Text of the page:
Here’s why small caps will continue to run and 3 ways to play it

Ben Griffiths

Eley Griffiths Group

This investor fervour, variously known as the reopening trade, was directed towards those domestic companies whose earnings will benefit from a surge in personal consumption courtesy of Government safety nets, JobKeeper and JobSeeker as well as access to the largest savings pool in 50 years. It is not surprising then that consumer discretionary stocks were the standout performers for the quarter. From furniture retailer, Nick Scali (NCK) (+31%), to electrical/home furnisher Harvey Norman (HVN) (+28%) and apparel stalwart Premier Investments (PMV) (+19%), the trend was unequivocally bullish for operators in the Australian retail sector.

Australian small companies continued their yearlong outperformance of big caps during the September quarter with the Small Ords Accumulation Index +51.2% from the March 23 COVID-19 lows versus the ASX100 Accumulation Index +28.2%. Interest remains elevated among small cap discretionary REITs. Rural Funds Group (RFF) (+20%), Arena (ARF) (+24%) and recently listed HomeCo (HMC) (+13%) to name a few. A proposed REIT spin off from HomeCo, the Daily Needs REIT, would raise $325m from investors in early October and lay claim to the years largest IPO.

During the prior month, almost 60% of stocks revising earnings ahead of the season upgraded and 70% of those names rallied through the month according to JP Morgan.

There wasn’t much in the way of merger and acquisition activity during the period in review. Nordgold bid for Cardinal Resources (CDV), PE firm PEP bid for Citadel Group (CGL) (an EGG holding) and Uniti Wireless (UWL) and First State Super separately vied for fibre optic cable business Opticomm (OPC). Wealth group IOOF (IFL) bid $1.4bn for MLC Wealth, a deal that seemed to be greeted with disquietude from analysts and financial services types.

August was a solid month for global equities but stock markets lost momentum in the early days of September with blowoff price action in US stocks, notably tech, taking oxygen from market bulls. It became obvious that an orchestrated out-of-the-money call option buy programme in big tech names had been put on throughout August, essentially building out the September 2 highs across several stock indices. The culprit later revealed as Japanese tech investor, Softbank. Such an option strategy requires a delta hedge to be put in place by market makers involving sizable stock purchases executed with immediacy. A breathtaking melt-up in stocks would follow. Once complete, stocks succumbed to the line of least resistance which was to the downside. By the week ending September 24, US stock funds had experienced their 3rd largest fund outflow ever, with tech stock related funds seeing their biggest outflows in 18 months.


Technicals

The health of US stocks has been well served by its September retracement. S&P500 futures positioning, according to the CFTC, is at a modest net long of 1.22 which is constructive. The NYSE cumulative advance/decline line recently hit new highs suggesting that the breadth of the market is healthy and not solely reliant on a narrow cabal of stocks/sectors. Bullish to see the investment line (aka 100 day moving average) provide important support at 3210 for the S&P500. The Russell 2000 (US Small caps) has more hard work ahead with a 7% rally required to reclaim its 2018 highs and a shot at outperformance.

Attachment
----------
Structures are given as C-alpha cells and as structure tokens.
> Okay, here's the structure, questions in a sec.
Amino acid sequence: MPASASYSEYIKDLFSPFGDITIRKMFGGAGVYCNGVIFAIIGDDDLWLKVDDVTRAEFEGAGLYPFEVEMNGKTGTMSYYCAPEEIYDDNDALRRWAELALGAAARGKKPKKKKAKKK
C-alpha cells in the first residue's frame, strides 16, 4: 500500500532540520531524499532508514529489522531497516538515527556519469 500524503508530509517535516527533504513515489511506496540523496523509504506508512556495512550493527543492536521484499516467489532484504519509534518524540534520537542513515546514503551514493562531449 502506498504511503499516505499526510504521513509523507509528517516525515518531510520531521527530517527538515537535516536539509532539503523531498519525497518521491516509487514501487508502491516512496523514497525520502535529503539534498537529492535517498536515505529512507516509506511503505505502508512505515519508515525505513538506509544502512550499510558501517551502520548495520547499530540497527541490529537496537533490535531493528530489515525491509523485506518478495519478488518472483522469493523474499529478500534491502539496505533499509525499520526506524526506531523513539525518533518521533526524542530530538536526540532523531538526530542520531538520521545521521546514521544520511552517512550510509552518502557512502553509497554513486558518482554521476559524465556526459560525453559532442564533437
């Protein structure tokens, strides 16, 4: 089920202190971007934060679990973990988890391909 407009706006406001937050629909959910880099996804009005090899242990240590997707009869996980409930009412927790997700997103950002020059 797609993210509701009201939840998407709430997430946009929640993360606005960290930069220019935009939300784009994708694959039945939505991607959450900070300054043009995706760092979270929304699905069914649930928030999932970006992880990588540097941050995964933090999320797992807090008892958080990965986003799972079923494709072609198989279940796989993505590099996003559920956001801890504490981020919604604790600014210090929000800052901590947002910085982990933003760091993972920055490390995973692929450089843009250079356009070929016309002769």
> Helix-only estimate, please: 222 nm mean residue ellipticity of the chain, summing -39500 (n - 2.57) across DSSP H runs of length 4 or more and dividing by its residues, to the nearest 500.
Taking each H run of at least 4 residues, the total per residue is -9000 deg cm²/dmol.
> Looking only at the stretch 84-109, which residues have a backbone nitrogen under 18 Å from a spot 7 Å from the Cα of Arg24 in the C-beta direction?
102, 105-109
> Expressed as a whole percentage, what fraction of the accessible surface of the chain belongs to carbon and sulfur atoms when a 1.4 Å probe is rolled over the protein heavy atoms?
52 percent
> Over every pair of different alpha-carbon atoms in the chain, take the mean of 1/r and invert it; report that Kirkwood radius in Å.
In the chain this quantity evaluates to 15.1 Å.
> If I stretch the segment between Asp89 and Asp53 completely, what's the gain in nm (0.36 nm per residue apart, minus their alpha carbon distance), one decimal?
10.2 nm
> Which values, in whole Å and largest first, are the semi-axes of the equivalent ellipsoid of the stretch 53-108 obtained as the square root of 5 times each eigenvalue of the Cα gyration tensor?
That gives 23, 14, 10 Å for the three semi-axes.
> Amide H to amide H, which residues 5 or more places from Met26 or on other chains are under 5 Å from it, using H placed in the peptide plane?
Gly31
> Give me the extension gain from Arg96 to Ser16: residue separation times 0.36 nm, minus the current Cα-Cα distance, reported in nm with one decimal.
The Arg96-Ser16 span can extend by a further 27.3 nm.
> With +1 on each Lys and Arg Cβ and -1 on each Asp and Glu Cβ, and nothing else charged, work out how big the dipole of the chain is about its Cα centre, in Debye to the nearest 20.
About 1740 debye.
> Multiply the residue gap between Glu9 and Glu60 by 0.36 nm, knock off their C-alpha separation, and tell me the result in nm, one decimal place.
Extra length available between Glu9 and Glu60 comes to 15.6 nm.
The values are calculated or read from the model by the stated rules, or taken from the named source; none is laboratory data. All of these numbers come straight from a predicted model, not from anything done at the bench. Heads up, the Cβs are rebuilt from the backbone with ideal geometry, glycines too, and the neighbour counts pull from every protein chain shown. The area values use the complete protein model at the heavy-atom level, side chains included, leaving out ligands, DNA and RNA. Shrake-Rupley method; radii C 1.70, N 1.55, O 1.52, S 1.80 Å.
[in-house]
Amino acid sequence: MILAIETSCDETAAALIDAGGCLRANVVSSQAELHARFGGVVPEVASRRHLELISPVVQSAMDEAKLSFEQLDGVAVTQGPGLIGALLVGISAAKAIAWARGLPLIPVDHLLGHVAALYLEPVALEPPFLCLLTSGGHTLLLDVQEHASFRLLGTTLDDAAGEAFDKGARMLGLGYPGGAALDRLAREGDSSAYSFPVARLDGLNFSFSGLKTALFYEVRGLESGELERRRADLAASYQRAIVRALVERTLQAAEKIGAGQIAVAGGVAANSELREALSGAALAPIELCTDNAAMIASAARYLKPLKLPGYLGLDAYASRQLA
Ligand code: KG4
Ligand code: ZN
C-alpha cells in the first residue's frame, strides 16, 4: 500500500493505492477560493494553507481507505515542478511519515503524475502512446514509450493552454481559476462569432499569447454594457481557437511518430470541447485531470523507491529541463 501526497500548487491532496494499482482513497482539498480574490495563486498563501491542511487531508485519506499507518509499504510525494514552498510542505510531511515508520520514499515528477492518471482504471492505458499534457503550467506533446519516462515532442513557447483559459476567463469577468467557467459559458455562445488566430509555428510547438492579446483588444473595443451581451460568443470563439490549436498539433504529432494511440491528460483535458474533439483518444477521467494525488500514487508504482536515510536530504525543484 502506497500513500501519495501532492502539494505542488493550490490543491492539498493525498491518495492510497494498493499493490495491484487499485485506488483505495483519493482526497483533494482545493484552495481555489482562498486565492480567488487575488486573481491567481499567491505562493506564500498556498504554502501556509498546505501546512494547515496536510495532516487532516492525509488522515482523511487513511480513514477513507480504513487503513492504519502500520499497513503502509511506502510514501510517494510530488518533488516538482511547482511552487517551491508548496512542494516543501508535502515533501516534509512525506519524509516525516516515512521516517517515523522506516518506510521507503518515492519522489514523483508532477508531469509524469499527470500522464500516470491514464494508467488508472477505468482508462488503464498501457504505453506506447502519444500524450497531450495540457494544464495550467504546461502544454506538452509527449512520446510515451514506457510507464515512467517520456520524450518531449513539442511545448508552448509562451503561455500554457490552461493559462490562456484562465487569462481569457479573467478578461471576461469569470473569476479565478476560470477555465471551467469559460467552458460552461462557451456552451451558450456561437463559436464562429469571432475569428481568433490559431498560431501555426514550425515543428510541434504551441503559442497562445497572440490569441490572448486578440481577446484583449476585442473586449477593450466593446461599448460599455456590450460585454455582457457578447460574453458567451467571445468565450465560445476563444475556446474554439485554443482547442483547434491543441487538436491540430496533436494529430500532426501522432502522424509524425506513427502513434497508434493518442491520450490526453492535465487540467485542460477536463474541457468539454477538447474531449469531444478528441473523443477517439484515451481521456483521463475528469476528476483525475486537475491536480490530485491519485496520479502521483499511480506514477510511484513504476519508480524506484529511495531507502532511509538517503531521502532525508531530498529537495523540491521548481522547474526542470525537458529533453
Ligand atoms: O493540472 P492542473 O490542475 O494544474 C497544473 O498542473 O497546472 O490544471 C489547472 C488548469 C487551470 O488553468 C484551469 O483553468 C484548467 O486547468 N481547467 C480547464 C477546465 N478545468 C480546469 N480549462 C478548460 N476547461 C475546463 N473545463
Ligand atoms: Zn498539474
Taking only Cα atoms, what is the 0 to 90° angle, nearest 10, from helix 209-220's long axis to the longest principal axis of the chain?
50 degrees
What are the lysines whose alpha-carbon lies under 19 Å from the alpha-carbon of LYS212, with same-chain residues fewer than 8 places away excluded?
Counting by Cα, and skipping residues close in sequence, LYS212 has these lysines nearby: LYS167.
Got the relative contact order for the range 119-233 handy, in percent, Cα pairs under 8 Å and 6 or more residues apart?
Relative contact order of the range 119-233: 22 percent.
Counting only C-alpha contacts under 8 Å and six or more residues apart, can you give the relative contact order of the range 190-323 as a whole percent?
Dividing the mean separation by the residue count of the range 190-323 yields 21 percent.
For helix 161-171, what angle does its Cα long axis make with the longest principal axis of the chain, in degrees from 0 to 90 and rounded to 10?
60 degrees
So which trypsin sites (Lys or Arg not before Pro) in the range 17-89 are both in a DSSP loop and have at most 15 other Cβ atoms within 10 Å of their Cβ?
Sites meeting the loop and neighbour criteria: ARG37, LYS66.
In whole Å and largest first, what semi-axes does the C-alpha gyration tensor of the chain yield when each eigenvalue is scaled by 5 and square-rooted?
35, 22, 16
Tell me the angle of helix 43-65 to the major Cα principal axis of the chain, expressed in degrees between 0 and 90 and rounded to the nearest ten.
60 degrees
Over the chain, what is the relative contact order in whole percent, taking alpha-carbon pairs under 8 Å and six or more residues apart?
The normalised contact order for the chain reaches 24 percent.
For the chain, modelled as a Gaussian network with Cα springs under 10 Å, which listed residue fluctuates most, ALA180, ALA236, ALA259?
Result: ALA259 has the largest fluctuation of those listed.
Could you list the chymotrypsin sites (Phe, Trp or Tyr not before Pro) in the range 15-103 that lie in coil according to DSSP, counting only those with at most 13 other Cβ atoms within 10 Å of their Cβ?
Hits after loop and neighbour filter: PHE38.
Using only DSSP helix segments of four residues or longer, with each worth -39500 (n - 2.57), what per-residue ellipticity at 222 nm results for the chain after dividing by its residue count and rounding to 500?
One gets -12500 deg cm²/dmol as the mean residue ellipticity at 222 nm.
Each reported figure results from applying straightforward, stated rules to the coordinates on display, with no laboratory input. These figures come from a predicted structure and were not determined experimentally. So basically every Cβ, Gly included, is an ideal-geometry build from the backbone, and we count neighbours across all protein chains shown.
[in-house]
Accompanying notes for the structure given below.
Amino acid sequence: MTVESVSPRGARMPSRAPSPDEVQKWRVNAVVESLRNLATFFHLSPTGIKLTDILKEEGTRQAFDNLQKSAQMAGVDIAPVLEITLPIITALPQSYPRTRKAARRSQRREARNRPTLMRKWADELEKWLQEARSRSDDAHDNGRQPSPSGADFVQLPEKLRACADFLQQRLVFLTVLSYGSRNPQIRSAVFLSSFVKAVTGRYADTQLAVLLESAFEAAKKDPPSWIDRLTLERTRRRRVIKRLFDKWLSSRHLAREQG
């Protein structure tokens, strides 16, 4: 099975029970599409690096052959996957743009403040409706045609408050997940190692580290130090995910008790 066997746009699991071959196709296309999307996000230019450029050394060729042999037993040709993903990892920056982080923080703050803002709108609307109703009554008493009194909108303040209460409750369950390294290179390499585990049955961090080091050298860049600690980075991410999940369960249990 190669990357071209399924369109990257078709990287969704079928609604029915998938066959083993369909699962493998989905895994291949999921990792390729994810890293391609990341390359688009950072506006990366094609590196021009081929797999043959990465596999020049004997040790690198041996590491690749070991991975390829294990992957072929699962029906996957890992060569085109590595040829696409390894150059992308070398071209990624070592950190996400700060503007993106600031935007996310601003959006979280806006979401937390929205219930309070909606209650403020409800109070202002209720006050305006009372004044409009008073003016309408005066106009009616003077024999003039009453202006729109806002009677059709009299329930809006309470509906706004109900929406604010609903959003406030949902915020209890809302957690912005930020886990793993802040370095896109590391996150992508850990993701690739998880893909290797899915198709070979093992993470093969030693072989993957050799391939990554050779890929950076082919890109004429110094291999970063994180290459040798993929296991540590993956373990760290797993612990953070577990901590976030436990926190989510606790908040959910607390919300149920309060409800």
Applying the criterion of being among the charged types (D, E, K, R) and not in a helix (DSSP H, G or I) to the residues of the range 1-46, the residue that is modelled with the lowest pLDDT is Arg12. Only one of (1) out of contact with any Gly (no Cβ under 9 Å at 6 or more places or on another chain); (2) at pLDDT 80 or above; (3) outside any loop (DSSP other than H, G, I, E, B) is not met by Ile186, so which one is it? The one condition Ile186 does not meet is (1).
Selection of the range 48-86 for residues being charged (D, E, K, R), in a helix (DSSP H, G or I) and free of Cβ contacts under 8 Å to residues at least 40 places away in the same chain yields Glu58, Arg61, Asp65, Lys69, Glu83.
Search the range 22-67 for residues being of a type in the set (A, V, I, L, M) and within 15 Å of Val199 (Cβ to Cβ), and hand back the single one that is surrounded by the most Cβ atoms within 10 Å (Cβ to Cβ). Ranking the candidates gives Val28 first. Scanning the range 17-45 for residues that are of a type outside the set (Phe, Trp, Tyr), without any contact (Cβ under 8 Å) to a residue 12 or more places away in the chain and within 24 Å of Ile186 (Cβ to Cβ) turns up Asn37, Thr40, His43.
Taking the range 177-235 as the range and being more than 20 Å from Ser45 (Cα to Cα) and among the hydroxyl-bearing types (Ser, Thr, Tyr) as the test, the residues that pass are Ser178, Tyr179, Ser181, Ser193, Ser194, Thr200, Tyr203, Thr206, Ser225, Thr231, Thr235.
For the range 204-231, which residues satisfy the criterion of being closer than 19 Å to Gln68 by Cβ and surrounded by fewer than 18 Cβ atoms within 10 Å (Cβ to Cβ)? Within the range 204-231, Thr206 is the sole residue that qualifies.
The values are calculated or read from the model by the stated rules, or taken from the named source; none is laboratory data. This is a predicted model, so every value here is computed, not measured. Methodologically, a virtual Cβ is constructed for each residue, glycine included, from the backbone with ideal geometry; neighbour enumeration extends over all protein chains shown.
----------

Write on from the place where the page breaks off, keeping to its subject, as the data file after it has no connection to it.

The CBOE put/call ratio for US stocks is presently at 20 year lows, suggesting complacency and little fear of a major market retreat. Investor survey, the AAII Bull Index, is mired in neutral settings so it would be fair to describe investors as indifferent/moderately bullish. A long way from euphoric.

The S&P/ASX 200 Index cleared resistance in early August and has shown good momentum if on reduced daily turnovers. Configuring nicely. Recently a well-known market savant suggested to me that bank stocks had put in long term lows and would now rally. I did some work and concluded that NAB appeared the most compelling, having held an important support line from 1983.

The Small Ordinaries Index has rallied nicely in recent weeks and is now within 5% of a resistance line originating from the 2007 highs. This is reassuring for small cap investors but I would caution that the oscillator is showing bearish divergence on a short term basis, suggesting some weakness ahead. Any weakness should be bought ahead of a test of 3042 on the index. Breadth remains impressive, with 68% of the benchmark above the investment line. Incidentally, the Emerging Companies Index is trading at the highest levels since 2011, breaking free of its 2007 resistance line in August. This looks blue-flame bullish.

I remain constructive on Gold but the lower highs and lows since the August crescendo is unsettling, as is the 4:1 long futures positioning. The 2011 high of $1921/oz did not hold and will remain magnetic to traders. Silver tells much the same story, rejecting $30/oz but I will not rule out a test of $50/oz (attained in 1980 and 2011) before this precious metal bull market has concluded. Copper remains attractive. Speculators are now 2:1 long, an uptick from our last update. The red metal continues to confirm the uptrend line from 2002.

3 additions to our portfolio

A position was taken in Beacon Lighting (BLX) during the period in review. A long established lighting and fan retailer/wholesaler, the group has survived several housing cycles and the incursion of aggressive competitors, Bunnings and since departed, Masters. The demise of small, suburban specialist lighting shops has made for a more concentrated market place for Beacon to operate in. Beyond a growing 110 store network there is an international opportunity in US/European markets as well as a bigger push into the trade business, targeting electrical componentry on ‘the other side of the wall’. Recent trading has been strong with cashed up customers increasingly focused on home improvements. We admire the stoic management team and think 16.0x FY21 PE is reasonable for a strong operating business with several medium term growth options.